Crisp was brought to Boston via a trade from the Indians in January 2006. The hope was that he could replace Johnny Damon in both center field and the leadoff spot.
"It was a learning experience, definitely," Crisp said of his time in Boston. "I had a lot of fun. It's been a great experience for me coming from a contending team like Cleveland to a team that was already in the mix playoff-wise. I've learned on the field and off the field. It's helped me grow.
"The one negative aspect that came out of the whole thing was that I was plagued by nagging injuries, primarily the whole time I was there, with the exception of a month here or a month there and toward the end of this season, when I was fully healed from my hand injury, which I hurt within the first five games of coming over to Boston. It was an up-and-down ride. Most of the time, I enjoyed myself over there, even though it was difficult."
But Crisp's time with the Red Sox got off to an ominous start, as he fractured his left index finger in the fifth game of the season. Though he returned six weeks later, Crisp struggled offensively for much of 2006 (.264 average) and '07 (.268).
As it turned out, Crisp hit mainly toward the bottom of the order during his three years with the Sox. Crisp is an aggressive hitter and Boston likes to have a more patient approach from the leadoff spot.
"His career with the Red Sox didn't get off to the start that he wanted," said Epstein. "He was playing pretty well early in the '06 season and ended up breaking his finger. When he came back, his offense never rebounded all the way to his previous norms but he turned himself into, especially in 2007, a tremendous defensive center fielder. He helped us win a lot of games with defense in 2007, the year we ended up winning the World Series."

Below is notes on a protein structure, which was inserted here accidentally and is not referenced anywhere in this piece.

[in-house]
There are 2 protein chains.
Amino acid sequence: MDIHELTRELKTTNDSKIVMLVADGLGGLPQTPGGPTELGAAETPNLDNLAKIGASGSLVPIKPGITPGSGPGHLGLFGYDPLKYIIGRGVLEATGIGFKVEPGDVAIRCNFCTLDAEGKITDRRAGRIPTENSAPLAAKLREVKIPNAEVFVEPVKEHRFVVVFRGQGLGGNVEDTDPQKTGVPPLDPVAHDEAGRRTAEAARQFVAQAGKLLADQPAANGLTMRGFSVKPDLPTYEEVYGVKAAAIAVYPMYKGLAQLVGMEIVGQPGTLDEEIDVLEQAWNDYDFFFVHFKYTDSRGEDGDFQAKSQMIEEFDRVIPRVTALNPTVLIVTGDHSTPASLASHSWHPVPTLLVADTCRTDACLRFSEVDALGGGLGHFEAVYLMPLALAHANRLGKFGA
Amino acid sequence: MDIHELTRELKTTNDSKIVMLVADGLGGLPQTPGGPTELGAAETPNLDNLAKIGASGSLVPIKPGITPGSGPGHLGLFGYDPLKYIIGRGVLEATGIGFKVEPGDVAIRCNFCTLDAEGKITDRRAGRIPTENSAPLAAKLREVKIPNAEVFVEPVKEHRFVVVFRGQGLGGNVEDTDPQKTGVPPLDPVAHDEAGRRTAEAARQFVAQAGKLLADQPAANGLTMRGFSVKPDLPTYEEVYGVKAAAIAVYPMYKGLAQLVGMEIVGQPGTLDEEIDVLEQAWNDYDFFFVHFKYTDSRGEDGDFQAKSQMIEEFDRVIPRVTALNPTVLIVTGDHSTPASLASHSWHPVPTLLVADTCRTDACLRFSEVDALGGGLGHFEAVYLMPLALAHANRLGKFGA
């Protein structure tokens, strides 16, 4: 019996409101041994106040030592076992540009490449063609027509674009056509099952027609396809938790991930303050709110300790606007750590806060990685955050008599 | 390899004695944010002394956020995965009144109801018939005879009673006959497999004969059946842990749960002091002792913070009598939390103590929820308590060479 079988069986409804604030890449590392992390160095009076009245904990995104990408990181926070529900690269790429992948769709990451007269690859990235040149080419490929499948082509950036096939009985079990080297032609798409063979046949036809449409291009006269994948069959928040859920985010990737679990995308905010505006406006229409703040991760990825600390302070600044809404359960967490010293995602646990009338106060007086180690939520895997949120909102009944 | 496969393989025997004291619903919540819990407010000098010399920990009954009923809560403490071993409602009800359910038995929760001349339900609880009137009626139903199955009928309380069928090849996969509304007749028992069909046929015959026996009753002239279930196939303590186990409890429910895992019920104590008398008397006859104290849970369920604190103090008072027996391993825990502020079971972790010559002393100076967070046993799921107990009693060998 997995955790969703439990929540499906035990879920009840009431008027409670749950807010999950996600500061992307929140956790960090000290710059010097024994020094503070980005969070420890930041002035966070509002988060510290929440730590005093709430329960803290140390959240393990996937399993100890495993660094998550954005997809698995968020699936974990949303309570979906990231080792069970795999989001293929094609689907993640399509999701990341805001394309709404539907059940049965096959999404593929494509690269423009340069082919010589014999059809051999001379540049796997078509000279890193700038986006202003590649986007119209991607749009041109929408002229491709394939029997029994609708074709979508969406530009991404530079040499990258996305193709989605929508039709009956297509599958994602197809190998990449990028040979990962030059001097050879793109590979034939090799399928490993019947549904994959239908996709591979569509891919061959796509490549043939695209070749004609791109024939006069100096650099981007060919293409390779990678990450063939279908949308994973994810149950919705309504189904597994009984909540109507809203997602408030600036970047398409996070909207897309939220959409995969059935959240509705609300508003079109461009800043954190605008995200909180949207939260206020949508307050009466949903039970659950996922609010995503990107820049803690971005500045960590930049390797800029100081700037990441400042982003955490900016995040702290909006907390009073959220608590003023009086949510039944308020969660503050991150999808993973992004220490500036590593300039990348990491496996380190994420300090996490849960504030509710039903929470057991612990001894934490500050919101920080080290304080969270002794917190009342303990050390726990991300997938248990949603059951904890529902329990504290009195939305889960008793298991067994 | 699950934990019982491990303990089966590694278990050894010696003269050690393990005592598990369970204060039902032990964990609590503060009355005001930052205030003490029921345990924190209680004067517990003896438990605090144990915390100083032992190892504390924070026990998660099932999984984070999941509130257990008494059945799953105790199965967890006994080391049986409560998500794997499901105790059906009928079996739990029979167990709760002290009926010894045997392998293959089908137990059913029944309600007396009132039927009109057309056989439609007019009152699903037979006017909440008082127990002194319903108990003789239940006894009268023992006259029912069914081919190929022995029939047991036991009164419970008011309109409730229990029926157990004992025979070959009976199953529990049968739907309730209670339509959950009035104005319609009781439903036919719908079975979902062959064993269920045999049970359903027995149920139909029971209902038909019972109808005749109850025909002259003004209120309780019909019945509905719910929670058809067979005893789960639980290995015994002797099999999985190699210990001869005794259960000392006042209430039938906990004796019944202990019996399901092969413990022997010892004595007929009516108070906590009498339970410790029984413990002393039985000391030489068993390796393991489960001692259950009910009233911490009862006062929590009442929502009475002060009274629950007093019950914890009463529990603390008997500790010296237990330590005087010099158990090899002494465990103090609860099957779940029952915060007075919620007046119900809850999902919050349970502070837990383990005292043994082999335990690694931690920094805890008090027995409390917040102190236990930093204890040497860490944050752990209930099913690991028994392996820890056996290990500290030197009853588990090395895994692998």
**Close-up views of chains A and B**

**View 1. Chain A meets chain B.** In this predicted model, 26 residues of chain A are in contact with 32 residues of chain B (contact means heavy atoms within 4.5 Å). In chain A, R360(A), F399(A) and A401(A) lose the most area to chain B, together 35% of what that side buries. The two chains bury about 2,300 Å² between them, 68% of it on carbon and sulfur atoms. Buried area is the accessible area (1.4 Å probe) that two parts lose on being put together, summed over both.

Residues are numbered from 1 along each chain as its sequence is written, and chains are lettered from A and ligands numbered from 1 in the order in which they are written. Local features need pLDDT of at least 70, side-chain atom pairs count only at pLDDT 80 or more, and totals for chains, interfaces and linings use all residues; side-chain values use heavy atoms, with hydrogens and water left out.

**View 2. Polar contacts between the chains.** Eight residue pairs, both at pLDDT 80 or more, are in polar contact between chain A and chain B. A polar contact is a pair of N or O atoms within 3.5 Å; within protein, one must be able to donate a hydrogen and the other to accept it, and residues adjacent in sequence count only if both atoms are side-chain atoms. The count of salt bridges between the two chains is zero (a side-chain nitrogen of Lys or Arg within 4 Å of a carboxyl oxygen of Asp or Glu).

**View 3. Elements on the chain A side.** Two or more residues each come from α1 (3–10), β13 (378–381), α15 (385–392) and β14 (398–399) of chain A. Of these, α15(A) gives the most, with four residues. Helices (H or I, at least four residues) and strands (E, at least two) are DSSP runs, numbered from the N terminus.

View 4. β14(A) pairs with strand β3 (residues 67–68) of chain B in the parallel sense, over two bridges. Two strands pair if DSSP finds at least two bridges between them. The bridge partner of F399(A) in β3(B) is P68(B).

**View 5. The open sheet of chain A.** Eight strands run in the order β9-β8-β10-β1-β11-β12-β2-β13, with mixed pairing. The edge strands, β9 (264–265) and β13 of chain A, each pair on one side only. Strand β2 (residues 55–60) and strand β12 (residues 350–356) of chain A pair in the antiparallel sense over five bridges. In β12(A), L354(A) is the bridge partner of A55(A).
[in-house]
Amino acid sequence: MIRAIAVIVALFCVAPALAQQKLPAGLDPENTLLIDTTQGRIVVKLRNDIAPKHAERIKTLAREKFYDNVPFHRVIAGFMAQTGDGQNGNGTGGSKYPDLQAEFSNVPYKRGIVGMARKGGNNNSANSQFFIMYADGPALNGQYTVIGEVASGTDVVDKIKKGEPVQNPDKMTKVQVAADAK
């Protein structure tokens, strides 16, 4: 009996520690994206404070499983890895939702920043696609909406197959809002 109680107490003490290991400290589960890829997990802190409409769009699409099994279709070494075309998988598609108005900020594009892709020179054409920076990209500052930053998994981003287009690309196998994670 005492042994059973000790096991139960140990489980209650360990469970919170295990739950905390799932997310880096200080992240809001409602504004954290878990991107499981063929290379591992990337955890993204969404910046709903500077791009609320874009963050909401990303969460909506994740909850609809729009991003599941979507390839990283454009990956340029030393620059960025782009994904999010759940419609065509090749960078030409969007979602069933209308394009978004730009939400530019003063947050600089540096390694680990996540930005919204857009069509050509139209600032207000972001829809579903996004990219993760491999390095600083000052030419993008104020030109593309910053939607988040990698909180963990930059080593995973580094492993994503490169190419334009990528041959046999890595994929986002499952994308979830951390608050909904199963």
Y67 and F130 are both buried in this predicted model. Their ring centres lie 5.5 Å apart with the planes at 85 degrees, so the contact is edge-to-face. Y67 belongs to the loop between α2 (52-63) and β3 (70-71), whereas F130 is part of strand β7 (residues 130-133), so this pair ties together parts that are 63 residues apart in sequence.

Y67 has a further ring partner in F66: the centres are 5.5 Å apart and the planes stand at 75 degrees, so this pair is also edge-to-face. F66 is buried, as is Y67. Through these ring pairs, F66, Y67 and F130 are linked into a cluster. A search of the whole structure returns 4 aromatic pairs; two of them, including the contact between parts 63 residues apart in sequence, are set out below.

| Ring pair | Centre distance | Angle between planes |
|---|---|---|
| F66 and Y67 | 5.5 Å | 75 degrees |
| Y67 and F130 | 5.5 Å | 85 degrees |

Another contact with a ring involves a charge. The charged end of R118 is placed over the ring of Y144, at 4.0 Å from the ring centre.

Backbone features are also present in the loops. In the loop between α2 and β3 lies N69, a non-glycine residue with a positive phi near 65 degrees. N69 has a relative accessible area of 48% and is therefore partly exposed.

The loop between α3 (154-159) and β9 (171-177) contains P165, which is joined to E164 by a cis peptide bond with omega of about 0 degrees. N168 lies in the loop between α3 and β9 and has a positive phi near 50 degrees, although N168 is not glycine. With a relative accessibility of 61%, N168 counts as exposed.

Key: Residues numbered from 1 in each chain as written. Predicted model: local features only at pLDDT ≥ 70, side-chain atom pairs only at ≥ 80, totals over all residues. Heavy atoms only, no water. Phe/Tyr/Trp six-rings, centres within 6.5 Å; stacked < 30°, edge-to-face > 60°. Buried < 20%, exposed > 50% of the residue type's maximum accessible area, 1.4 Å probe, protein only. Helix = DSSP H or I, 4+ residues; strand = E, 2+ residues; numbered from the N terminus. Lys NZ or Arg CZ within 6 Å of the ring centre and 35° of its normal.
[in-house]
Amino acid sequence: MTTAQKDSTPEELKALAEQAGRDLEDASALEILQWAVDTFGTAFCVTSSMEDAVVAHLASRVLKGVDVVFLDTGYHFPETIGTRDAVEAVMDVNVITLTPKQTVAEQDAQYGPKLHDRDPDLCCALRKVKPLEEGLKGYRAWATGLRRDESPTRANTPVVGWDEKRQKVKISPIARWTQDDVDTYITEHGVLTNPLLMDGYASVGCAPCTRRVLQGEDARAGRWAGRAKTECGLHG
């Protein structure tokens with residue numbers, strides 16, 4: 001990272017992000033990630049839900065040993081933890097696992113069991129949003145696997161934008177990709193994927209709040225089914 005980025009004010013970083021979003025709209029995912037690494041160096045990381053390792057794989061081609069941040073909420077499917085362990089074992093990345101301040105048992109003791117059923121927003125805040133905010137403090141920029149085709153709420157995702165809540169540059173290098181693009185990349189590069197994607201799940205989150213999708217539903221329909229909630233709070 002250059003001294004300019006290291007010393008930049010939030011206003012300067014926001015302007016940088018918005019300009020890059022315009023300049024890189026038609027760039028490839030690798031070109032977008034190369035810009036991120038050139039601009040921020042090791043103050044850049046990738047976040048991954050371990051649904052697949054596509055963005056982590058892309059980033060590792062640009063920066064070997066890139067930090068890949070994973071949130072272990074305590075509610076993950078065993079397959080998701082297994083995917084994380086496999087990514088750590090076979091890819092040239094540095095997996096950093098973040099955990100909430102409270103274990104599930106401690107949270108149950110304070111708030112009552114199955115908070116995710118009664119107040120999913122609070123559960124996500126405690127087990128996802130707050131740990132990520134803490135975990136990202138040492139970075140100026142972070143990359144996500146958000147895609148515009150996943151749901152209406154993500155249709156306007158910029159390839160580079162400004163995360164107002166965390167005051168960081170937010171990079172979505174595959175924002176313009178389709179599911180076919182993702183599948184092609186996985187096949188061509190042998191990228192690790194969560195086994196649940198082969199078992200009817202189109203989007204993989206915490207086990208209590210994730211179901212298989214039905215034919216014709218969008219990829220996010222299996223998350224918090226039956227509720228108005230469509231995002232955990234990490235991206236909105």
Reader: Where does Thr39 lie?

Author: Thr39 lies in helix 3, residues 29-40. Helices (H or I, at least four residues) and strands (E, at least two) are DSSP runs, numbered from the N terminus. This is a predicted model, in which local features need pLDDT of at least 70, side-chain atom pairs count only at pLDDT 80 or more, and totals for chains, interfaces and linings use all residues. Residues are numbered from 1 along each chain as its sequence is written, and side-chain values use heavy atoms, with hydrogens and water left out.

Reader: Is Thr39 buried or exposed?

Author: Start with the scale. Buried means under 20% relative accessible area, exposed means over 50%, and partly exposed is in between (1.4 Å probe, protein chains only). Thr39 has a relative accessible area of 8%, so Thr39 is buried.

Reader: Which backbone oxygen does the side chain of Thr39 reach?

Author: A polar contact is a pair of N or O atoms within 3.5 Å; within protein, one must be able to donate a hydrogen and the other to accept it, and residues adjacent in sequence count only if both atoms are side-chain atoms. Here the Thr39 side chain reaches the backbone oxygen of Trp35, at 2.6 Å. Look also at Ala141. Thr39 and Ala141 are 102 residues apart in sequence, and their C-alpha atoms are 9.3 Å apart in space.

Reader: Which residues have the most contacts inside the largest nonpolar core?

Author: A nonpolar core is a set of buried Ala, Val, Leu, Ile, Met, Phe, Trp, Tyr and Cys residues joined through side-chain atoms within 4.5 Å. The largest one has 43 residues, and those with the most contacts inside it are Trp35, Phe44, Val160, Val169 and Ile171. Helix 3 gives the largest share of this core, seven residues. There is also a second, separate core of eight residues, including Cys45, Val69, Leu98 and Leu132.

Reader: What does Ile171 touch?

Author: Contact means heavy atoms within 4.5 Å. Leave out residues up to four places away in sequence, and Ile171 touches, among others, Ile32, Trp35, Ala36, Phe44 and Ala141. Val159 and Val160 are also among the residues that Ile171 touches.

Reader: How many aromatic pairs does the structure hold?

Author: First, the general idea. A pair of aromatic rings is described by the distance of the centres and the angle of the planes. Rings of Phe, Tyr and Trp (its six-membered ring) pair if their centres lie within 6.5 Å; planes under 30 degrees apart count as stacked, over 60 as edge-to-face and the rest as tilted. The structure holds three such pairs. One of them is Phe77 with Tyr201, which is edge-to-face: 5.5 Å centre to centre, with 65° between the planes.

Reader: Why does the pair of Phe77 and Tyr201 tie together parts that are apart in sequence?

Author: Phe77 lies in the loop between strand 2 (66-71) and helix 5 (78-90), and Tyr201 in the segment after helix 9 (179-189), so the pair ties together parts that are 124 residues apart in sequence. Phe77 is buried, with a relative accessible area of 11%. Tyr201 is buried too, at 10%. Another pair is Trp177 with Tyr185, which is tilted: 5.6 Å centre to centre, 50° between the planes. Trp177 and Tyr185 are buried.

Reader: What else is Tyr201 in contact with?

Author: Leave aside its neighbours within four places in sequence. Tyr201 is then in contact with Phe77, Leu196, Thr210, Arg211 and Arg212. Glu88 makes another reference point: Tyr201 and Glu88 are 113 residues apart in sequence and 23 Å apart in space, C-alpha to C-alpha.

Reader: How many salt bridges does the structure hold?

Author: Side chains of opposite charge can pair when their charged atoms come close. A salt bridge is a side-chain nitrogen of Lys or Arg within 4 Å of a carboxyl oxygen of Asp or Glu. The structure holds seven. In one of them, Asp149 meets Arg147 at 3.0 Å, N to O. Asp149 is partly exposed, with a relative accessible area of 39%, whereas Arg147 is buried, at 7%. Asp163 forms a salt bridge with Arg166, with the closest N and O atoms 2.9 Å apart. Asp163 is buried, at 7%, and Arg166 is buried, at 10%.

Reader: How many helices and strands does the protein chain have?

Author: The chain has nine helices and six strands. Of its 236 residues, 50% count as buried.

Crisp had a strong finish to 2008, hitting .375 in September.
Ellsbury batted .280 in 2008, his first full season, belting nine homers, driving in 47 runs and scoring 98 times.
"I think Jacoby had a very solid rookie season," said Epstein. "I know expectations were probably unreasonably high for him, given the numbers he put up in a really small sample in 2007 and during the postseason, but this was a more than acceptable rookie year, and the one thing we like about young players, especially young players who work hard like Jacoby does, is they get better."
The same can be said of Ramirez.
"Of course, it's a big motivation to go to a team like Boston, but don't forget, with every team -- no matter how good or bad they are -- you have to prove yourself and you have to contribute to the team," Ramirez said.
Over three seasons, Ramirez has pitched in 154 games, all in relief, posting a 3.62 ERA.
"We have excellent reports on his makeup," said Epstein. "I've talked to a number of sources close to the clubhouse there and he's the first one to the ballpark. He's an extremely hard, diligent worker. He's tough, fearless and the manner in which he pitches reflects that. We don't expect he'll have any difficulty adjusting to a bigger market. Coming to Boston, he's a pretty tough, pretty fearless kid and he won't be fazed."
Epstein will now be on the prowl for a fourth outfielder to complement the starting trio of Jason Bay, Ellsbury and J.D. Drew.
"We'll cast a wide net and certainly look outside the organization," Epstein said. "I think what would make sense for us at this point is a right-handed-hitting fourth outfielder that could protect us in center and play against some left-handed pitching. We have a lot of different options, a lot of different places we can turn to fill that role. We have some talented outfielders on the way up. Most of them are left-handed. I think a right-handed hitter would be a more appropriate choice to fill this role."